Below are examples of conduct that likely does or does not violate the CFAA following the Van Buren decision:

Action Criminal Under the CFAA?
Shopping on Amazon during work hours on a work computer or work-issued cellphone No!
Violating a website’s terms of service No!
Engaging in personal chats during work hours on a work computer via Google Hangouts or other web-based communication tools No!
Accessing a database that one is authorized to access but for an unauthorized purpose No!
Accessing a database that one is not authorized to use for any purpose Yes!
Accessing a portion of a company’s Intranet system to which one has not been granted access Yes!
Hacking into an area of a company’s system to which one has not been granted access Yes!

Of course, even as to those activities which may not be criminal under the CFAA, many may still technically violate provisions in an employment agreement or a company’s policies or restrictions on computer use.

Notably, the Georgia Supreme Court recently cited Van Buren in a decision that narrowly construed a portion of the Georgia Computer Systems Protection Act — Georgia’s state law computer misconduct statute.[13]

What this Means to Employers
Employers concerned about potential employee misuse of information stored on company computers should reassess their security policies in light of Van Buren.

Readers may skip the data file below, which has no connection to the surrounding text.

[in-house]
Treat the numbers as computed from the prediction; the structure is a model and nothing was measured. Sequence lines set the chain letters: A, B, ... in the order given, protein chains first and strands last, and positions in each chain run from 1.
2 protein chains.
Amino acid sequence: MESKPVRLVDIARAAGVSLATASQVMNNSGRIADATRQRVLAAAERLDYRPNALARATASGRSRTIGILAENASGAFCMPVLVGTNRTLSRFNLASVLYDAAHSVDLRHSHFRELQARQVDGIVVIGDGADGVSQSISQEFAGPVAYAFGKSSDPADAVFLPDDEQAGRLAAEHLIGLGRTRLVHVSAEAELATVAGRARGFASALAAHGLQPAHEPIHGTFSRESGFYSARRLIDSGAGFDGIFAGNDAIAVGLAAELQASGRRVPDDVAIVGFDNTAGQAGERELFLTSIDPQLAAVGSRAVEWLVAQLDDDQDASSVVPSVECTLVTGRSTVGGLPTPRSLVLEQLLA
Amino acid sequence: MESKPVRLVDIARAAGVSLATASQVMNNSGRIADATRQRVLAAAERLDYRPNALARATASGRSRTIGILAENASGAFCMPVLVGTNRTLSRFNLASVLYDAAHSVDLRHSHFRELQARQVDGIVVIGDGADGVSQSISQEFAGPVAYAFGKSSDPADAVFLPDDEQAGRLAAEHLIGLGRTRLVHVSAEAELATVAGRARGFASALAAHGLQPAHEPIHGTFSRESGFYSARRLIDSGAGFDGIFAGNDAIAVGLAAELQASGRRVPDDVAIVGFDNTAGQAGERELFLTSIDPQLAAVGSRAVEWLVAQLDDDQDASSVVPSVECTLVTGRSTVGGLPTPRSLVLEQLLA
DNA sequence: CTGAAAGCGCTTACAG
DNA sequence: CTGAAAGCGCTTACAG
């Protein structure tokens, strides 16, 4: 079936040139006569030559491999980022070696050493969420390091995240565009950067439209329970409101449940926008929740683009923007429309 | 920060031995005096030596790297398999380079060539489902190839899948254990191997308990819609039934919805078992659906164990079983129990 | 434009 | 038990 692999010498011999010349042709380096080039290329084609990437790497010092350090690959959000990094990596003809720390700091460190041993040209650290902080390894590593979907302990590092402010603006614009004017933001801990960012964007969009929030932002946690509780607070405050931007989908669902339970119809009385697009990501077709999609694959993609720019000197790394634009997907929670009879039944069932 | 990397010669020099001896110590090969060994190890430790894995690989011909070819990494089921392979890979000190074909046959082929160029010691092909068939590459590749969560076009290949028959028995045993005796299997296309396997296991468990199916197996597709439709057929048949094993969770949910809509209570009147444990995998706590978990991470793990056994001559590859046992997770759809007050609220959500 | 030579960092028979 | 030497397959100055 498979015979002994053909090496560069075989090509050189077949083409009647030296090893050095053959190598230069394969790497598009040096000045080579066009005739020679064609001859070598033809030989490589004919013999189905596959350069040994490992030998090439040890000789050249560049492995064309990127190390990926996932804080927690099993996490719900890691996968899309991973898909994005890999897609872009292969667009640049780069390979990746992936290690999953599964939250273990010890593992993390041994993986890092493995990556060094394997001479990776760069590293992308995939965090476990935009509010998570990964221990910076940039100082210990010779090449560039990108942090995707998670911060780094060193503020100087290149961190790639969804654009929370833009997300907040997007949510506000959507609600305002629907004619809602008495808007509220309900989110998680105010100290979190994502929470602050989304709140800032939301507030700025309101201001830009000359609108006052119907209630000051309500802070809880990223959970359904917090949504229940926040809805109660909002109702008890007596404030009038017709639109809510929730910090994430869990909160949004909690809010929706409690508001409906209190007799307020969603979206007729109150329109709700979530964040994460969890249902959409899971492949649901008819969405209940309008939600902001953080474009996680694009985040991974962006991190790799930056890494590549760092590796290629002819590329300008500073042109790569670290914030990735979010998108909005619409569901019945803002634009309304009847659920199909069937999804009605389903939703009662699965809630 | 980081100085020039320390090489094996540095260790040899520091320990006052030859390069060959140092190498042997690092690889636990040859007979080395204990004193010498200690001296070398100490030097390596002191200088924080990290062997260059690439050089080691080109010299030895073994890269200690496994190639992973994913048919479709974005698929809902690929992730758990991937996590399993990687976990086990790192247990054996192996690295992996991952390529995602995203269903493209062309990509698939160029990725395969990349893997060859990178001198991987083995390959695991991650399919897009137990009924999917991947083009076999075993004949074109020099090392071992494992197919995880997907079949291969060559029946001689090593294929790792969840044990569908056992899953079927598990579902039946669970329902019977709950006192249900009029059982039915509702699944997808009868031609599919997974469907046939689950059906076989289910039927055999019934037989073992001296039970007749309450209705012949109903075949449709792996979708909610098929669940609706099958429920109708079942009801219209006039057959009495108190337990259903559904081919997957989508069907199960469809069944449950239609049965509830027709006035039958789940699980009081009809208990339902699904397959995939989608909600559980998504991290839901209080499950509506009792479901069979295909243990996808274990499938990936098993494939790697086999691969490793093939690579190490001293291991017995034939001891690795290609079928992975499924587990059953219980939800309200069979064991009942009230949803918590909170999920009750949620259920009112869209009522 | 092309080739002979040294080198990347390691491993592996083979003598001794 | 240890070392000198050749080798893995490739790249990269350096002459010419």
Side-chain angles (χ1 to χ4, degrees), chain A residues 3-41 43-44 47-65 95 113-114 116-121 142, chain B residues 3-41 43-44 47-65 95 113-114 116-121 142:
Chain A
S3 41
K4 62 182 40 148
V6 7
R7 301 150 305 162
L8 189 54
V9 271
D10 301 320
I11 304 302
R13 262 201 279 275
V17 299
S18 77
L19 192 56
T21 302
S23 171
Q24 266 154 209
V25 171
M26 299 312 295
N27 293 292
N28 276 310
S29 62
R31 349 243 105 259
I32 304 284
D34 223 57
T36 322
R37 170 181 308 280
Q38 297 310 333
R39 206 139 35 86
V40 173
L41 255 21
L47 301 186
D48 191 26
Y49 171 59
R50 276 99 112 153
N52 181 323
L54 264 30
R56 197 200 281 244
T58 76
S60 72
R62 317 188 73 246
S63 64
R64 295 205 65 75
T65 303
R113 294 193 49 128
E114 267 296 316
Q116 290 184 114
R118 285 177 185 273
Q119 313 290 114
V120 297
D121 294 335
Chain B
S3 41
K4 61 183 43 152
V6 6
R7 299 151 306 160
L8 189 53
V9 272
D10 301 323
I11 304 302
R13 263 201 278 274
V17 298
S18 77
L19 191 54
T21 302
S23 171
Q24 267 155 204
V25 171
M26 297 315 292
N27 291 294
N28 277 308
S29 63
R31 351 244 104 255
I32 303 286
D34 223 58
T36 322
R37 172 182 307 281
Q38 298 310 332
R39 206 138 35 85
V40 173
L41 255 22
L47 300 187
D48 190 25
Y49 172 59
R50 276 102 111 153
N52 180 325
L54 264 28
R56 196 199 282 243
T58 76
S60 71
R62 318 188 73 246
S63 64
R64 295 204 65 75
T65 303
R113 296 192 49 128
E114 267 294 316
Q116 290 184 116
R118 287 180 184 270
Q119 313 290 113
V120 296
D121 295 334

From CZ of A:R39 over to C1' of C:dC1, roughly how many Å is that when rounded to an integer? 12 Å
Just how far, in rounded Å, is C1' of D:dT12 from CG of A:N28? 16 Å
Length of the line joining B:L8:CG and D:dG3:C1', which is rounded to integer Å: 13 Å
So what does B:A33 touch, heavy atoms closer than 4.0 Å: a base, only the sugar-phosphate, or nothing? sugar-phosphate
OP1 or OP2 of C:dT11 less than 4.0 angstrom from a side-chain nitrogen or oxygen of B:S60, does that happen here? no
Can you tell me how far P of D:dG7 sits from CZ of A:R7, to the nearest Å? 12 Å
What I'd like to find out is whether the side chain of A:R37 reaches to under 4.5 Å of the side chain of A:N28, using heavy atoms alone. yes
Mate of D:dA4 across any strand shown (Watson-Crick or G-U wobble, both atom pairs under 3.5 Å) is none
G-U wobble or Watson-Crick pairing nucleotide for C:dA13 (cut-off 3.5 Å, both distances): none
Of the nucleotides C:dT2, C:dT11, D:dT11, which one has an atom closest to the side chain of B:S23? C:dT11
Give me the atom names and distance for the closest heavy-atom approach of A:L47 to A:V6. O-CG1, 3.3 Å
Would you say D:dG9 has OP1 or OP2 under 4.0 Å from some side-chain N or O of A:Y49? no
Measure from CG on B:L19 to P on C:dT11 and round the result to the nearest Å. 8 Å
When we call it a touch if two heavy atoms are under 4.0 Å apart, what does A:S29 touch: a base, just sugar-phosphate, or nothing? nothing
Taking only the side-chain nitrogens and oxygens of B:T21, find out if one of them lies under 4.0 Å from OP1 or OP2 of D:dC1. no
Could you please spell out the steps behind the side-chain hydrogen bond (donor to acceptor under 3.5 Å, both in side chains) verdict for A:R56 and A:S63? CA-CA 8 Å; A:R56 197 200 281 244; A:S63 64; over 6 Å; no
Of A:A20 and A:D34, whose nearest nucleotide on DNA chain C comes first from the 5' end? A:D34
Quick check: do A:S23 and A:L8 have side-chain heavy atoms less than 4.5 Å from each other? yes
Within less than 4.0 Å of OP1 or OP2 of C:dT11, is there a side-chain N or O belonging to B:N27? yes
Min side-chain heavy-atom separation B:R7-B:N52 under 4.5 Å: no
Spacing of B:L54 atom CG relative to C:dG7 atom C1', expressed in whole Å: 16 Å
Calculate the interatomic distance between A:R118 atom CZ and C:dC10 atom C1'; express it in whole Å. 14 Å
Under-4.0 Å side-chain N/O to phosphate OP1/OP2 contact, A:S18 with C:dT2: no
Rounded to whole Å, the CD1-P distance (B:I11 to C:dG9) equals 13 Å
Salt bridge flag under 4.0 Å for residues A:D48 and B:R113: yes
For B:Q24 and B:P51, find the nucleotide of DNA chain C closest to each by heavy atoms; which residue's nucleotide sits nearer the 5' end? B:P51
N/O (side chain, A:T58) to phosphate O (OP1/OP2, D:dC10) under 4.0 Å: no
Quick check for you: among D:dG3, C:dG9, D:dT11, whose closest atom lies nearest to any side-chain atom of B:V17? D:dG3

For example, companies should limit each employee’s computer access to only those files, folders, and/or databases necessary to carry out the employee’s individual job responsibilities. Of course, employers may (and should) continue utilizing purpose-based computer use policies with the understanding that a violation of such policies may not implicate the CFAA, unless the employee enters an area of the computer or system beyond that to which their computer authorization extends.


[1] 18 U.S.C. § 1030(a)(2).

[2] See 18 U.S.C. § 1030(e)(6).

[3] See, e.g., International Airport Centers LLC v. Citrin, 440 F.3d 418 (7th Cir. 2006).

[4] See, e.g., United States v. Nosal, 676 F.3d 854, 863 (9th Cir. 2012)

[5] United States v. Van Buren, 940 F.3d 1192, 1207-08 (11th Cir. 2019), cert. granted, 140 S. Ct. 2667, 206 L. Ed. 2d 822 (2020), and rev’d and remanded, 141 S. Ct. 1648 (2021).

[6] Van Buren, 141 S. Ct. at 1658.

[7] Id.

[8] Id.

[9] Id.

[10] Id. at 1661.

[11] Id.

[12] Id. at 1662.

[13] Kinslow v. State, S20G1001, 2021 WL 2518617, at *6 n.6 (Ga. June 21, 2021).

Corporate Matters, Noncompete & Trade Secrets, | Jul 30, 2021